It's National Puppy Day! A time for celebrating all our furry, canine friends, but secretly knowing that yours is the best. Just kidding. Every dog is a Good Dog!
Since at least the Bronze Age, humans have been immortalizing pooches in art. The symbiotic bond between people and canines, however, may predate civilization.
Estimates place the domestication of ancient wolves somewhere between 10,000 and 30,000 years ago, though we aren't sure exactly where and why it first happened. Fossil and genetic evidence seems to suggest our two groups developed alongside one another, with multiple doggy lineages splitting off along the way. The World Canine Organisation currently recognizes 344 distinct breeds.
Today, some of the most creative depictions of canines are in science fiction works. What better way to explore our complex relationship than by porting it into an alternate reality? Can dogs remain Man's Best Friend in the apocalypse? Sometimes yes. Other times… well, better get the shotgun.
So in honor of this fake but delightful holiday, here are Motherboard's favorite hounds from scifi realms.
Alien dog: The Thing
For some sadistic reason, my mom let me see The Thing when I was in elementary school. I couldn't get through it without covering my eyes until recently, but one part I still have trouble watching is the kennel scene. You know it—the one that turns our fearless Norwegian dog into a fearsome, trembling pile of goo. I'd like to think that if my dog were ever host to a parasitic lifeform, she'd spare me, but it's only a matter of time until she discovers I am, indeed, made of meat.
"Astro": The Jetsons
"Dog": Max Max 2
"Frank the Pug": Men in Black
"Ein": Cowboy Bebop
"Spike"/dog xenomorph: Alien 3
In one version of Alien 3, a rottweiler named Spike is impregnated by a facehugger that's stowed away on the USS Sulaco. The poor pup eventually births a new breed of xenomorph that's less humanoid and more, um, dog. I've always liked this Alien installment for hinting at the biological mechanisms behind the xenomorph lifecycle. It makes sense that aliens should incorporate the general anatomy of their hosts. In Spike's case, he provided the DNA material to produce a very scary, quadrupedal biomechanoid killer.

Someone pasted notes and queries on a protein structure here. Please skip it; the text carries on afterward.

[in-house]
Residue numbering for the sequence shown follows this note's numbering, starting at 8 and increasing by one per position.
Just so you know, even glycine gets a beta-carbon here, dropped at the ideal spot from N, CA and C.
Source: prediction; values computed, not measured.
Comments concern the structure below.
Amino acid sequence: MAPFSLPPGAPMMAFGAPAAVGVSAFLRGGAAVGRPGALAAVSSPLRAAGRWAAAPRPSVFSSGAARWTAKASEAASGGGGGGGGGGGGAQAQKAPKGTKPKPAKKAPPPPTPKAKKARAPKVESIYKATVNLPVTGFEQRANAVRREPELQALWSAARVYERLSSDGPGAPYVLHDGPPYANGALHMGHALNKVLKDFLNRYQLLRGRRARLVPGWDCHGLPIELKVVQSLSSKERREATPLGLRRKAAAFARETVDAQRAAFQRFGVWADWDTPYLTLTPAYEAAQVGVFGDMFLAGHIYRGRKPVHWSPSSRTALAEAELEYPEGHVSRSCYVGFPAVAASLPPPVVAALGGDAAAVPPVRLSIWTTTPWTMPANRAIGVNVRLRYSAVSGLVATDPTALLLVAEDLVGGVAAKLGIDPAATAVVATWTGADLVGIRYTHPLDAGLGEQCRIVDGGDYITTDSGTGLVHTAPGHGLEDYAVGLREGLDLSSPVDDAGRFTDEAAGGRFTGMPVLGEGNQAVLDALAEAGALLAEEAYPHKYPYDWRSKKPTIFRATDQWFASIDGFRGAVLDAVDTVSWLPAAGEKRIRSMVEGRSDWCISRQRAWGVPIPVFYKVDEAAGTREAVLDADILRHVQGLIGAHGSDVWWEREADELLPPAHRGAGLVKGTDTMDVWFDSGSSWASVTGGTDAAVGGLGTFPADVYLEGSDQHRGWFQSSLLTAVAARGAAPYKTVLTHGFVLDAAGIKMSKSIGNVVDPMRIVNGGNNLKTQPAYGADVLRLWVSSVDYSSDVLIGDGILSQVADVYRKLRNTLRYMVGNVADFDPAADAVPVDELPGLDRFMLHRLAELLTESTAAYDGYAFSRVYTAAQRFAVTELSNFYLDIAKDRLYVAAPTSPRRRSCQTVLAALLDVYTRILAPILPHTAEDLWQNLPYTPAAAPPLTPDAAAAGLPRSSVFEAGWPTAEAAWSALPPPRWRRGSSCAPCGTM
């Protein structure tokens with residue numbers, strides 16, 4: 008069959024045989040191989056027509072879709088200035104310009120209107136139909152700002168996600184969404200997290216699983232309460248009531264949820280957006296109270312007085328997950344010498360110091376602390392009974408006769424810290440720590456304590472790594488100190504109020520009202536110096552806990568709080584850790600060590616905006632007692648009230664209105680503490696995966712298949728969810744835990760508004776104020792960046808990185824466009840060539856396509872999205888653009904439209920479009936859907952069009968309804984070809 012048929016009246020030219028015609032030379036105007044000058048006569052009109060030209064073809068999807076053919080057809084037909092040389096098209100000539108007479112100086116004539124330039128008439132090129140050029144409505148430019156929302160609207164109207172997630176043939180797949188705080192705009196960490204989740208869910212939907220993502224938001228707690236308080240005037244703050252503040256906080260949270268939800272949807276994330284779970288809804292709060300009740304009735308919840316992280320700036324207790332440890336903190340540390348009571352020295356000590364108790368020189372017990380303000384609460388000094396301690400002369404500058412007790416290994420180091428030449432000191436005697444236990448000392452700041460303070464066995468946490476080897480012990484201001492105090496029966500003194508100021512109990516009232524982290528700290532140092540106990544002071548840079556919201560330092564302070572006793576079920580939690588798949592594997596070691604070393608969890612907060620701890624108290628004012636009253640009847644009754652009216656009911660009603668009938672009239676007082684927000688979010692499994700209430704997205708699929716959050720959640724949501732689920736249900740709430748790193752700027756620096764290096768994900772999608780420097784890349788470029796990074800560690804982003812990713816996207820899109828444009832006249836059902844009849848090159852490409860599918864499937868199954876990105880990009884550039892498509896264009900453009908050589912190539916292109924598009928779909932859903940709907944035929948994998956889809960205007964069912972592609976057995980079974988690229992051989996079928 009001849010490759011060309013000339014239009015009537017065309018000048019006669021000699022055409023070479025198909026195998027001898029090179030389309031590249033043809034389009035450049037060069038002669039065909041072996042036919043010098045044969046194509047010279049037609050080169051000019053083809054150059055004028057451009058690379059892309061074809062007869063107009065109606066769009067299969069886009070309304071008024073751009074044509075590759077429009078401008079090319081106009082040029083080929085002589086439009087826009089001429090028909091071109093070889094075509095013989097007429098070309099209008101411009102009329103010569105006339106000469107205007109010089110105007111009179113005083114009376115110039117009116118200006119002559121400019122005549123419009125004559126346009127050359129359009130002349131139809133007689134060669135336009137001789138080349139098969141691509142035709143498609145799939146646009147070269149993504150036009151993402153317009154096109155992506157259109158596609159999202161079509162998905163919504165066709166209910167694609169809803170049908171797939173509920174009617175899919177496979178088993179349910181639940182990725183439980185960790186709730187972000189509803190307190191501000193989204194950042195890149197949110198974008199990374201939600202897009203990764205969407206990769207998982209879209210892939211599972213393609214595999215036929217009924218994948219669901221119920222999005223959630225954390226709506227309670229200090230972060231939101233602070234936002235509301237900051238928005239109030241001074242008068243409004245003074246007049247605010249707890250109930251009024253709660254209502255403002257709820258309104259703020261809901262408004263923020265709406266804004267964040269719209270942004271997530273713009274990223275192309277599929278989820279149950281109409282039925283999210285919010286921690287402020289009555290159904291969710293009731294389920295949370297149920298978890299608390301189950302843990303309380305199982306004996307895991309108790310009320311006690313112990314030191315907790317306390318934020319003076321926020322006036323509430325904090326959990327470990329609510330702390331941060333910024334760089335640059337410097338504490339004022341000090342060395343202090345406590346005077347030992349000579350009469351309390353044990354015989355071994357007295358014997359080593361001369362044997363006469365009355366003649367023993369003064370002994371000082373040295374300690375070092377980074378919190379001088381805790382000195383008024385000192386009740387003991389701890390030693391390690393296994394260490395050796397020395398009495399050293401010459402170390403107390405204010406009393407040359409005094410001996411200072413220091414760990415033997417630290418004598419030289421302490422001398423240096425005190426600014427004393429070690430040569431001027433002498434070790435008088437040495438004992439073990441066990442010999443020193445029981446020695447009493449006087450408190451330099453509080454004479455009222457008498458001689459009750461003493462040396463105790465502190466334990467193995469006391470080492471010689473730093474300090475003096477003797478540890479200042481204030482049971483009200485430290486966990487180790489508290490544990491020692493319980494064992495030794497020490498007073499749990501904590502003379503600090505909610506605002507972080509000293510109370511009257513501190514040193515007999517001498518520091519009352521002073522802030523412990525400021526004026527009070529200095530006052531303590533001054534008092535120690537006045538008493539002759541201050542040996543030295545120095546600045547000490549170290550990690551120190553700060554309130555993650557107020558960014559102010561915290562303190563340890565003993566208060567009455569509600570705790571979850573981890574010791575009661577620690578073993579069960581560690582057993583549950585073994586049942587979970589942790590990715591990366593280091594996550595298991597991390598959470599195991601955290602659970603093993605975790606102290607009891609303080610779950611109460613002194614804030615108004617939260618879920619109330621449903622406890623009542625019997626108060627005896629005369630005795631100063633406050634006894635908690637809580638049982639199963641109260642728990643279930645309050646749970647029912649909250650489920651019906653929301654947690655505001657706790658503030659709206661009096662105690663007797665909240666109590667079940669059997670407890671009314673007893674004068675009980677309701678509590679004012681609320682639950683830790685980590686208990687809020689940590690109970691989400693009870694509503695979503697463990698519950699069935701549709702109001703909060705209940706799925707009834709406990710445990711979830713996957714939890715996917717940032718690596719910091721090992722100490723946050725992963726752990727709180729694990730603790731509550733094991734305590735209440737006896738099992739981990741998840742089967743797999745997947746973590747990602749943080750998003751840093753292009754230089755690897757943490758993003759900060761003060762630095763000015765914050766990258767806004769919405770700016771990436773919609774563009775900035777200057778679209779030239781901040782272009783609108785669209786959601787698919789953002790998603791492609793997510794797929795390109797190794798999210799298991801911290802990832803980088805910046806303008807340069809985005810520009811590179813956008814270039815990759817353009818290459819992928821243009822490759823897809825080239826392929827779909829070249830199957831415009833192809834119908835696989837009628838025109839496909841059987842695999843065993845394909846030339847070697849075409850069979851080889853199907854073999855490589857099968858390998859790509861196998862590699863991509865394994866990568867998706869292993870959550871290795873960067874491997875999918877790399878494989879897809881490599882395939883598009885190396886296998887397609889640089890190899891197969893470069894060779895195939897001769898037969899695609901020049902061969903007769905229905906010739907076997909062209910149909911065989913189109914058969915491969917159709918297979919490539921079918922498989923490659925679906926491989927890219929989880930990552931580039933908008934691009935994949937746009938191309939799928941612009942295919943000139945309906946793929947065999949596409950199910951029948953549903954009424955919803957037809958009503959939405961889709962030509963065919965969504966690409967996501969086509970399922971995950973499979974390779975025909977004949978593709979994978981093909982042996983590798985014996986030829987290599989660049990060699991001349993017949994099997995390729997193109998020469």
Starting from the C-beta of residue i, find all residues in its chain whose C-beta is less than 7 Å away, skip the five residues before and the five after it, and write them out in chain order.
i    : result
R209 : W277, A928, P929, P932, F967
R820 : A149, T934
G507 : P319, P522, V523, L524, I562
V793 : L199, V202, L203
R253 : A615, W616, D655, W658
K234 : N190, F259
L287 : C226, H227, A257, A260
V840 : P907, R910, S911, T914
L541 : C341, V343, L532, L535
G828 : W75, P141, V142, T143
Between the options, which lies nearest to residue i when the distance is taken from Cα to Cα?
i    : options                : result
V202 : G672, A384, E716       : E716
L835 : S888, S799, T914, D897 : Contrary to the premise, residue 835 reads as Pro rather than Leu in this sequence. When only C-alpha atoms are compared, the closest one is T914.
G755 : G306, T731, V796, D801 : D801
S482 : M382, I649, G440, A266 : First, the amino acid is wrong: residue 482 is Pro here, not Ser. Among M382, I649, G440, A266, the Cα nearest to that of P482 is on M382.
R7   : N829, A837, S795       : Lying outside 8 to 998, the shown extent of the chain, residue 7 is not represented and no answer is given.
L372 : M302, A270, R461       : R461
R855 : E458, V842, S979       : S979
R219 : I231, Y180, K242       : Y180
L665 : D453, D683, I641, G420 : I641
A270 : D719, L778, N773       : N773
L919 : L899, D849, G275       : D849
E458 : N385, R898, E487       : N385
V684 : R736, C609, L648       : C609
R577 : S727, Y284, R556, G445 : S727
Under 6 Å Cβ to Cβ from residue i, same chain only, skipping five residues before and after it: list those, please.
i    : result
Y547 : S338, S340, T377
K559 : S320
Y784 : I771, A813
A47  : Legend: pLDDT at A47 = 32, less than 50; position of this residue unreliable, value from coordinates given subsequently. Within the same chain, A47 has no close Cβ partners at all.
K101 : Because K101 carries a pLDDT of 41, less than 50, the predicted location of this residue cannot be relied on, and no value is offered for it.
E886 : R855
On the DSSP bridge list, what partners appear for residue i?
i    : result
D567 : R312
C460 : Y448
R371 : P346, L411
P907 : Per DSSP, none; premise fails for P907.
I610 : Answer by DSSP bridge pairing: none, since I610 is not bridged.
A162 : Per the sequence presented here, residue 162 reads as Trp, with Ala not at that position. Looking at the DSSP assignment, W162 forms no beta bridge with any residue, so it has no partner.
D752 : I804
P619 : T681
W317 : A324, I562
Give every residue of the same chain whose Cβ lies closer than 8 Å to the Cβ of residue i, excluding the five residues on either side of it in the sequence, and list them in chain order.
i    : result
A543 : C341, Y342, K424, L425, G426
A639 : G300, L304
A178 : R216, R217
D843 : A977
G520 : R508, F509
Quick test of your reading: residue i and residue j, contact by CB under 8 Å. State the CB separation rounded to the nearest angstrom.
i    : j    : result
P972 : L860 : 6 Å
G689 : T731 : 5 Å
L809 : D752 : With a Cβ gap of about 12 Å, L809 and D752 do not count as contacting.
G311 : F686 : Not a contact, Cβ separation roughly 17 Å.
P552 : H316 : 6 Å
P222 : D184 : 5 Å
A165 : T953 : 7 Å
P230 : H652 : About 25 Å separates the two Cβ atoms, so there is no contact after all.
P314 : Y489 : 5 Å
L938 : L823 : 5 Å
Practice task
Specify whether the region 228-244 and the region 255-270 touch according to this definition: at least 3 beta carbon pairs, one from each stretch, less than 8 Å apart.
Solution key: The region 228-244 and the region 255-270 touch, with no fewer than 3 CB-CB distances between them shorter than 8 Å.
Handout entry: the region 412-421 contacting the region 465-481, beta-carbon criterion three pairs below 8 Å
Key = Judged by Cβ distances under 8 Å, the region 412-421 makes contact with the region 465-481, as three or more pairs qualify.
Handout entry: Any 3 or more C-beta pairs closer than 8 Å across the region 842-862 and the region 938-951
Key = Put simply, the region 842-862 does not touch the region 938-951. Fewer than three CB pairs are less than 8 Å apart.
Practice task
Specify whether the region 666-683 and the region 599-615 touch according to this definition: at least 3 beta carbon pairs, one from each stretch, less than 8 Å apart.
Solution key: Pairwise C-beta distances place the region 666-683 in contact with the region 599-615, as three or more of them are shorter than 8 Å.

"Dogmeat": Fallout 4
"Einstein": Back to the Future
"Krypto the Superdog"
"Kazak": The Sirens of Titan
Okay, so Seymour was a cartoon dog, but that doesn't preclude him from being the realest, most gutting depiction of canine codependency in science fiction. He starred in the the Emmy-nominated episode, "Jurassic Bark," in which post-cryostasis Fry reckons with the memory of his friend who the future left behind. The episode actually reminds me of the perennial de-extinction debate among scientists and ethicists. If we have the technology to resurrect bygone species, should we? Sometimes, it's best to let sleeping dogs lie.
"Tock": The Phantom Tollbooth
"Snuffles": Rick and Morty
"DD/D-Dog": Metal Gear Solid V: The Phantom Pain
"Muffit": Battlestar Galactica
"Laika" (Honorable mention)
Motherboard's space expert, Becky Ferreira, wrote a eulogy for Laika, the intrepid Soviet canine who was launched into orbit in 1957. Although Laika was very real, her legacy is a font of inspiration for fictional explorations of animals in space.
Laika was the first animal sent to space, and also the first to die there. Though she was a real stray cosmodoggo, her afterlife has taken on a mythic dimension making her a frequent touchstone in fiction and music. She has her own graphic novel biography, with an alternate scifi ending in which she pursues revenge against her trainers, and even pops up at in the end credits in the last scene of Guardians of the Galaxy in "Cosmo the Spacedog" form.